Diving into tiny, tricky, but key tissues at the single-cell level: exploring the role of Peyer’s Patches in inflammatory bowel diseases.

Biological Applications

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Dr. Rainer Glauben and Adrian Huck, recipients of one of the Scipio bioscience grant prizes, have spent the past few years trying to elucidate the role of an enigmatic, dense group of cells located in the wall of the small intestine: Peyer’s Patches. Now, with the Asteria scRNA-seq sample preparation technology and sequencing costs covered by the grant, they can dig for information further than ever before.

Peyer’s Patches are lymphoid follicles suspected to play an important role in downplaying our food being treated as foreign matter by our body (such as would-be pathogens) and activating our immune system every time we eat. For patients suffering from inflammatory bowel diseases (IBD) such as Crohn’s disease, the immune cells in those patches might be dysfunctional.

For Dr. Glauben, the project started years ago in partnership with Prof. Ulrich Steinhoff (Philipps-Universität Marburg, Germany) investigating nutritional-antigen-activated T-cells in the gut, particularly in the Peyer’s Patches. Their collaboration showed that mice with an antigen-free, protein-free diet reacted very differently to stimuli than control mice. Their study highlighted how specific T-cells in the Peyer’s patches are activated by nutritional antigen, triggering apoptosis – programmed cell death – leading to the expression of IL-10, thus reducing inflammation downstream. Using human samples, they showed that there were fewer of those specific T-cells in patients suffering from Crohn’s disease and fewer apoptosis as well, which could explain the inflammatory symptoms suffered by IBD patients.

Now they plan to investigate further into those Peyer’s Patches to figure out the exact role of those T-cell lymphocytes.

Single-cell RNA sequencing to provide cellular information other techniques couldn’t

Due to their size and their collagen-rich micro-environment, human Peyer’s Patches are particularly tricky samples to harvest: they are hard to see and hard to extract from gut tissues. With a limited amount of biopsy samples (that would eventually not always include the desired patches), the range of relevant analytical assays available for the team remained narrow.

“It made it really difficult to do proper flow cytometry as we usually do,” explained Dr. Glauben. “We came to the idea of doing histological assays, but then the numbers of colors and markers available were limited. Then we thought imaging mass cytometry would be perfect for our project.”

Imaging mass cytometry is a relatively new field, and pipelines and programs are evolving all the time, but even then Peyer’s Patches remained a tough nut to crack. The tissue is so dense and so packed that it makes it very difficult for analysis software to distinguish lymphocyte subpopulations based on surface markers of neighboring cells, even with nuclei staining. The team pushed on and made progress over the years, but the situation is still far from ideal.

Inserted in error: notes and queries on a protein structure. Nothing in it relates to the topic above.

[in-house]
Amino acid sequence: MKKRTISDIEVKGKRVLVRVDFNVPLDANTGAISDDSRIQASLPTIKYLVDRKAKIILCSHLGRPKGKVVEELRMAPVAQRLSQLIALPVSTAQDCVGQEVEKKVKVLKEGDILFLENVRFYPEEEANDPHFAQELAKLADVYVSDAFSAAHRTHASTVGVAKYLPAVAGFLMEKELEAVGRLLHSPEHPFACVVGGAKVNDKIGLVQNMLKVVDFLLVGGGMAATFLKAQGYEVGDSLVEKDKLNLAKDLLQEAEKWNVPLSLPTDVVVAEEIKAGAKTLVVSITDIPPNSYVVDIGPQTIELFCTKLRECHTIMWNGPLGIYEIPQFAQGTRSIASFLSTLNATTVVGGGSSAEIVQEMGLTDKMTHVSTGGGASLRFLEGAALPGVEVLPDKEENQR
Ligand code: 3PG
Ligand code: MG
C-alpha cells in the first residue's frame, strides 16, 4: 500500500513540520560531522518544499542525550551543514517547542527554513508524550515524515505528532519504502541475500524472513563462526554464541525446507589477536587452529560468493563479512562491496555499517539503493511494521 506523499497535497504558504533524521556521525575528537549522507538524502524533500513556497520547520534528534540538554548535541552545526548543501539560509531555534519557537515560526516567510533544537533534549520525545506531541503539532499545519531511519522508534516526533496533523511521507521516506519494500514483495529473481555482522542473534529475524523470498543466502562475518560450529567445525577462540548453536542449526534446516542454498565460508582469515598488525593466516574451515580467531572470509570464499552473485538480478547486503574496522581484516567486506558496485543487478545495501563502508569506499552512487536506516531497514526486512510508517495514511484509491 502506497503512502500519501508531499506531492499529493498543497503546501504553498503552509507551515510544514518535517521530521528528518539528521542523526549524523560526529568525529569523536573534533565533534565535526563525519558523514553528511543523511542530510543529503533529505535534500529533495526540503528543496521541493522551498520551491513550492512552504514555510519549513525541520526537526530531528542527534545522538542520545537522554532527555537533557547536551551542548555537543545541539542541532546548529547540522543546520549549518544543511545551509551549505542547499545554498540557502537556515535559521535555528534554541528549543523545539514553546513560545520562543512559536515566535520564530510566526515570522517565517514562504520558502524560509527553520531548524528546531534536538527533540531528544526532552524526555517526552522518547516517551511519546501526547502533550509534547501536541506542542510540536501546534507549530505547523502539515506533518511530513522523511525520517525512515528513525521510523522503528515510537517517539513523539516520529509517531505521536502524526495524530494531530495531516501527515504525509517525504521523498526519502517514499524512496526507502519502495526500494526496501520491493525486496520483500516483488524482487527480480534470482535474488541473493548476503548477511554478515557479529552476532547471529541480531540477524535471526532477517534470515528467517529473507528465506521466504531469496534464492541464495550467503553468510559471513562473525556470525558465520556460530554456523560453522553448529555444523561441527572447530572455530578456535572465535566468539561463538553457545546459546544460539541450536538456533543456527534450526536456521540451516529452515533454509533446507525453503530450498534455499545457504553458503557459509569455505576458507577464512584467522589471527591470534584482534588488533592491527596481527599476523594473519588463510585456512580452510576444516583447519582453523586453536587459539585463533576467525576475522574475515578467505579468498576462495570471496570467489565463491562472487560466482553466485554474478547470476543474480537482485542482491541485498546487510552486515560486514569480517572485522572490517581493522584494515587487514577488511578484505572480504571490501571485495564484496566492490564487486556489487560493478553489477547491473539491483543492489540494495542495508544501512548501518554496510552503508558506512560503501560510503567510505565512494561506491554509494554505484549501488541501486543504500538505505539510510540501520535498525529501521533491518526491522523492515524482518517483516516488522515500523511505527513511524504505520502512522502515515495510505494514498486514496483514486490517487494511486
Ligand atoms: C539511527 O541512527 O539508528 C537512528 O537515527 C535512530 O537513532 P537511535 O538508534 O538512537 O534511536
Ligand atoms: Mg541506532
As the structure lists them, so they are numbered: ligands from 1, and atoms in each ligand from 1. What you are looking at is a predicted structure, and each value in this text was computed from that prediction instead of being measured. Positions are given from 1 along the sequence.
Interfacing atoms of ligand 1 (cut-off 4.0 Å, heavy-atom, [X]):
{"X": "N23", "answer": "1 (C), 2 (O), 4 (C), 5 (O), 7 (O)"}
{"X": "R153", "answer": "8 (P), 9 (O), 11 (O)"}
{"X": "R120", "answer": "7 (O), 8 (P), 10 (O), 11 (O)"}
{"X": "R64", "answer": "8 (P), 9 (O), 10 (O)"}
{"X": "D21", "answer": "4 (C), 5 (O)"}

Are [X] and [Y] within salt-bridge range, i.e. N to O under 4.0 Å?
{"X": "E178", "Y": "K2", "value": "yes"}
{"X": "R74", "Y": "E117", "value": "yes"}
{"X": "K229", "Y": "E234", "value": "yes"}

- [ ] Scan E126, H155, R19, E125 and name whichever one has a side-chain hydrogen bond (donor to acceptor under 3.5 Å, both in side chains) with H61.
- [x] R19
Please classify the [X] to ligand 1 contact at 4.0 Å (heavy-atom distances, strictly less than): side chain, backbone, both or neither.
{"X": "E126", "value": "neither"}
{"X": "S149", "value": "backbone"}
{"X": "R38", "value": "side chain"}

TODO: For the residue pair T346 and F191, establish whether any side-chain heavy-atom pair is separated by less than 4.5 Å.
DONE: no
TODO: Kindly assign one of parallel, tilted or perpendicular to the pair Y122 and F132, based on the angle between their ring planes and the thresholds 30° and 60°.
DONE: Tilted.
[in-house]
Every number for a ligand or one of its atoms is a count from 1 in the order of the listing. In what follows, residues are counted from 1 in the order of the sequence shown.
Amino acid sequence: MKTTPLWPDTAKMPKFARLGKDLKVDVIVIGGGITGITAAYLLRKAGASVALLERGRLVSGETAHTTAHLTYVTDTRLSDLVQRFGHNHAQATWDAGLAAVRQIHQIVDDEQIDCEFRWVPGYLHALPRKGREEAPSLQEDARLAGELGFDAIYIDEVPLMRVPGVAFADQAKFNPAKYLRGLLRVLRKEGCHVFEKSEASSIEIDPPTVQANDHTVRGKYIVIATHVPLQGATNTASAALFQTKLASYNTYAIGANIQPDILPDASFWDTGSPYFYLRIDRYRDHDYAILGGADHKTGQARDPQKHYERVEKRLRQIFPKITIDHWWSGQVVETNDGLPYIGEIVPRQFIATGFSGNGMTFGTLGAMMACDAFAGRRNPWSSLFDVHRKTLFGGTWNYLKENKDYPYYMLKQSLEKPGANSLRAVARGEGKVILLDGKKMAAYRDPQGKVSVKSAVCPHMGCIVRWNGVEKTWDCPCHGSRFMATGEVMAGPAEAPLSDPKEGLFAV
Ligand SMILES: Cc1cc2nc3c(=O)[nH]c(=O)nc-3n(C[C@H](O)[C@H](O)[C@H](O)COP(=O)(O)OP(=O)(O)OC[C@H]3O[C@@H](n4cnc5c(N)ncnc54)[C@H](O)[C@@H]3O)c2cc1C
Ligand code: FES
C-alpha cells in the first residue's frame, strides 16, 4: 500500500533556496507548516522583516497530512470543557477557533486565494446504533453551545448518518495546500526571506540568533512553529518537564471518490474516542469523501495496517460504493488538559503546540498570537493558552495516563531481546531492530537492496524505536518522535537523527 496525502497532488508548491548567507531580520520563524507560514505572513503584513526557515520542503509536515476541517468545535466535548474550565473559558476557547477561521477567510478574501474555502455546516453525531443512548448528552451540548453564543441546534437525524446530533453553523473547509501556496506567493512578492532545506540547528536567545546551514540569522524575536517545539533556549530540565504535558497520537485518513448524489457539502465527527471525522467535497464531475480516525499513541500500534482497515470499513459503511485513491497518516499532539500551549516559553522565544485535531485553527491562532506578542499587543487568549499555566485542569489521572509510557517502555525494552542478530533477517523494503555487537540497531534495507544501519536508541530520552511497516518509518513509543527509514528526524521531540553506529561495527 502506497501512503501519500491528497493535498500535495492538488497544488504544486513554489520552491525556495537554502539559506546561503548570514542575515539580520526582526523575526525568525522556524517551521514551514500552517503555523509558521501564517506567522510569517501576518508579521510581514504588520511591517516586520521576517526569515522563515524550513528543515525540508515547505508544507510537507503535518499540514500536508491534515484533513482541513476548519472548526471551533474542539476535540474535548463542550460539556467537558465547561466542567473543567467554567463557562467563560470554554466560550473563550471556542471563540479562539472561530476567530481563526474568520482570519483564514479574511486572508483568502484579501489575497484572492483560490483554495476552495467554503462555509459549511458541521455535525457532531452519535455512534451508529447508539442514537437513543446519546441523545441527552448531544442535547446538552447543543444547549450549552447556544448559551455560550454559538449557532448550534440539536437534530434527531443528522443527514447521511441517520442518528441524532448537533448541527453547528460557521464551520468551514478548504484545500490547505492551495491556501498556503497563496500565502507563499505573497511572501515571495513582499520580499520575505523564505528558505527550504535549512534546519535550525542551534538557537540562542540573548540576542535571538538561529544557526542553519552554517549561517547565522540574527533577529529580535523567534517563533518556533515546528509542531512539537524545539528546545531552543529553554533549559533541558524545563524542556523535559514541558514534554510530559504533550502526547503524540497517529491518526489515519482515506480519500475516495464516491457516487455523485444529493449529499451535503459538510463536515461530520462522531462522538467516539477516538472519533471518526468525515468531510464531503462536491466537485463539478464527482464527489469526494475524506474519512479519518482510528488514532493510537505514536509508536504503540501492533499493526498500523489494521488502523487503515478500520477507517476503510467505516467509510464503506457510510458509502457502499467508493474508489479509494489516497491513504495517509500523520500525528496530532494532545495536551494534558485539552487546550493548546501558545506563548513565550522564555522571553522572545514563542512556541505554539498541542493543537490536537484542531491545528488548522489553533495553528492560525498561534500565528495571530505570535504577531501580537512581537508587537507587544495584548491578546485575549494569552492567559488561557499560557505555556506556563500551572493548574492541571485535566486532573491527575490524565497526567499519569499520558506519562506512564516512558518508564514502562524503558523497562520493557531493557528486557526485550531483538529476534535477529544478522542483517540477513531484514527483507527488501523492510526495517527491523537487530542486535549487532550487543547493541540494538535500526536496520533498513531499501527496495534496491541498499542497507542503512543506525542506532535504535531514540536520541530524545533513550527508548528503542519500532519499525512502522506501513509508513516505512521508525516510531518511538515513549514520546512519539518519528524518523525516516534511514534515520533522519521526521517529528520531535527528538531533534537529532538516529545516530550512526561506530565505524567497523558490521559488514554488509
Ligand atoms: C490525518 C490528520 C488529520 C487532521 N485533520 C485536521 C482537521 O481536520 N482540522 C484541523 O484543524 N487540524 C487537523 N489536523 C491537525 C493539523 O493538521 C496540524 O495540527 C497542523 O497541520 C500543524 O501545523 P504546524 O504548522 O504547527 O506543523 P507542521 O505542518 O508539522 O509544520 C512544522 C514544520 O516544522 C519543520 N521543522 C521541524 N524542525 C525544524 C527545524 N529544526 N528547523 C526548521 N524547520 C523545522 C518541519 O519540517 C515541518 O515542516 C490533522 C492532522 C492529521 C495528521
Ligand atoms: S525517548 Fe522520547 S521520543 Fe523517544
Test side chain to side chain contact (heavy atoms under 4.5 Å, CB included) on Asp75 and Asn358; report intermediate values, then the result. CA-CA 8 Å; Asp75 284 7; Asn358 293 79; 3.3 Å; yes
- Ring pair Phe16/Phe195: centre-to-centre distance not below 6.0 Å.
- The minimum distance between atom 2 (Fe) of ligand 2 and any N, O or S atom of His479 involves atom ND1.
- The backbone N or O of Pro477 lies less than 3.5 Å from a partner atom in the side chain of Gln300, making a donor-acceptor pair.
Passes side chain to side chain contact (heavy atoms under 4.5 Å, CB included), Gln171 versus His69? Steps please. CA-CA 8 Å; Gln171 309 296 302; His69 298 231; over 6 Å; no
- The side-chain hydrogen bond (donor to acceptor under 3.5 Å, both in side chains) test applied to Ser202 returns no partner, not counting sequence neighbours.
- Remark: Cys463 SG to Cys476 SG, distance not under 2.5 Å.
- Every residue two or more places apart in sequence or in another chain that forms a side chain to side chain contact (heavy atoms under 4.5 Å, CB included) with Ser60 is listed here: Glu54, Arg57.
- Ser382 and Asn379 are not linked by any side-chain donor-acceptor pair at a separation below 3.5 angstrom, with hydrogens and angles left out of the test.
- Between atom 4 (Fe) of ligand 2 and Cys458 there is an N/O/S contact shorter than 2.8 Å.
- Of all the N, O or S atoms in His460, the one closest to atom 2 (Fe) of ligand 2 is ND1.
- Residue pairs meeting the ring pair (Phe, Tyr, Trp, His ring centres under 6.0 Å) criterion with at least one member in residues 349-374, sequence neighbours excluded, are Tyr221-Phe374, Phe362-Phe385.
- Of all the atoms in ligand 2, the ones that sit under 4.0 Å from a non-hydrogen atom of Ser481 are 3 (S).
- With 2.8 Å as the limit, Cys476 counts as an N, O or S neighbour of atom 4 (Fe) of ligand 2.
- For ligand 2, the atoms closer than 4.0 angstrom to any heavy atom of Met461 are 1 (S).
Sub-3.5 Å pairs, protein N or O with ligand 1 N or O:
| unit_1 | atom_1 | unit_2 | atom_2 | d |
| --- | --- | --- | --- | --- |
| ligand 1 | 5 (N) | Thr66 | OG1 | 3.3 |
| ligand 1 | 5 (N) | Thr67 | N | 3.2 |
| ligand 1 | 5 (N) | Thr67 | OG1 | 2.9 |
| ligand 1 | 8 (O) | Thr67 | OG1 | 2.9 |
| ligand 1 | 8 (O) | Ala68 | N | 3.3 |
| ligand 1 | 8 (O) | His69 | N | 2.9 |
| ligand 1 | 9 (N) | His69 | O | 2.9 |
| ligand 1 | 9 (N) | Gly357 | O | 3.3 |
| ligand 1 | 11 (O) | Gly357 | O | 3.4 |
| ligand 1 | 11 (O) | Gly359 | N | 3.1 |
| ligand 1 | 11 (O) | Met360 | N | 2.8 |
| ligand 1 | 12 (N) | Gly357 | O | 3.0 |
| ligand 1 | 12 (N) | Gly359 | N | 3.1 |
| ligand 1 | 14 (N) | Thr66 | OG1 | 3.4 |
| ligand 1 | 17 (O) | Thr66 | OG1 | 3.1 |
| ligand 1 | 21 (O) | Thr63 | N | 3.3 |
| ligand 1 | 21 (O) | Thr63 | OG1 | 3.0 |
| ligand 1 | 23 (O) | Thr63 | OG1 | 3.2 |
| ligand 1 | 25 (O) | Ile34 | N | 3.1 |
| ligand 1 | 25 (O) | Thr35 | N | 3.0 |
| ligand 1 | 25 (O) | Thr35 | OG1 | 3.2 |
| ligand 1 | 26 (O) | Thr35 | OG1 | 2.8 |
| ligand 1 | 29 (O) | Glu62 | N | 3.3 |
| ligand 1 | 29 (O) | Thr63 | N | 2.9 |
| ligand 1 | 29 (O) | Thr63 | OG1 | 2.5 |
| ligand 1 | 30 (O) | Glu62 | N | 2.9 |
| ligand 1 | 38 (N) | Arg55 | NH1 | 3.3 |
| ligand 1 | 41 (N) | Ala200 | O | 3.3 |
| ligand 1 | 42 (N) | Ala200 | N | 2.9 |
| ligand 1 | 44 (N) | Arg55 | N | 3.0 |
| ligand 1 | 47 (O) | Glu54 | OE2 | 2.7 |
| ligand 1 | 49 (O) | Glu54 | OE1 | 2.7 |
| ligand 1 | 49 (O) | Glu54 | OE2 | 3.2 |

“It is still really difficult to harvest Peyer’s Patches directly, particularly in older patients,” continues Dr. Glauben. “So we thought to extract them ex vivo and we were kind of successful, but not enough for our flow cytometry purposes. We then realized we really needed to know which cells belonged to the Peyer’s Patches and which cells belonged to the surrounding lamina propria, and this is where single-cell sequencing comes into play.”

By comparing samples including confirmed Peyer’s Patches and control samples of surrounding lamina propria, the team is aiming to sort out which immune cells, particularly lymphocytes, belong to each tissue. They also aim to generate new biomarkers for Peyer’s Patches lymphocytes to refine future high-dimensional flow cytometry analysis and new rounds of imaging mass cytometry.

Aiming for simplicity: scRNA-seq on the go

With patient endoscopy taking place in-house at the university hospital with experienced enterologists, the team has access to fresh samples from which PhD student Adrian Huck can extract Peyer’s Patches directly on the bench.

“It would be to our advantage if we could do everything on the bench,” assesses Dr. Glauben. “With the technology from Scipio bioscience, we can actually do the single-cell sample preparation directly on the bench in our lab, and not have to go to another core facility, in another location in Berlin. This would help us a lot because the isolation already takes some time, and we really would have everything processing very fast to get a proper image of the gene expression of the cells.”

The transcriptome being dynamic and reacting to external stimuli, it is important for fresh cells to be processed as fast as possible to limit the appearance of artifacts in the gene expression. This is even truer for immune cells to retain the activation state they had in physiological conditions and preserve the expression of specific biomarkers. Moreover, one does not want to compromise with those precious samples and require freezing or fixing methodologies prior to the single-cell sample preparation step.

With the RevGel™ technology from the Asteria™ kits, the team will be in an optimal position to characterize the lymphocytes from Peyer’s Patches and shed new light on their role in nutrition-based inflammation pathways.

Dr. Glauben’s research on this topic will be available on https://scipio.bio as his work progresses. To read about the other grant winners and their studies, you can head here, and here.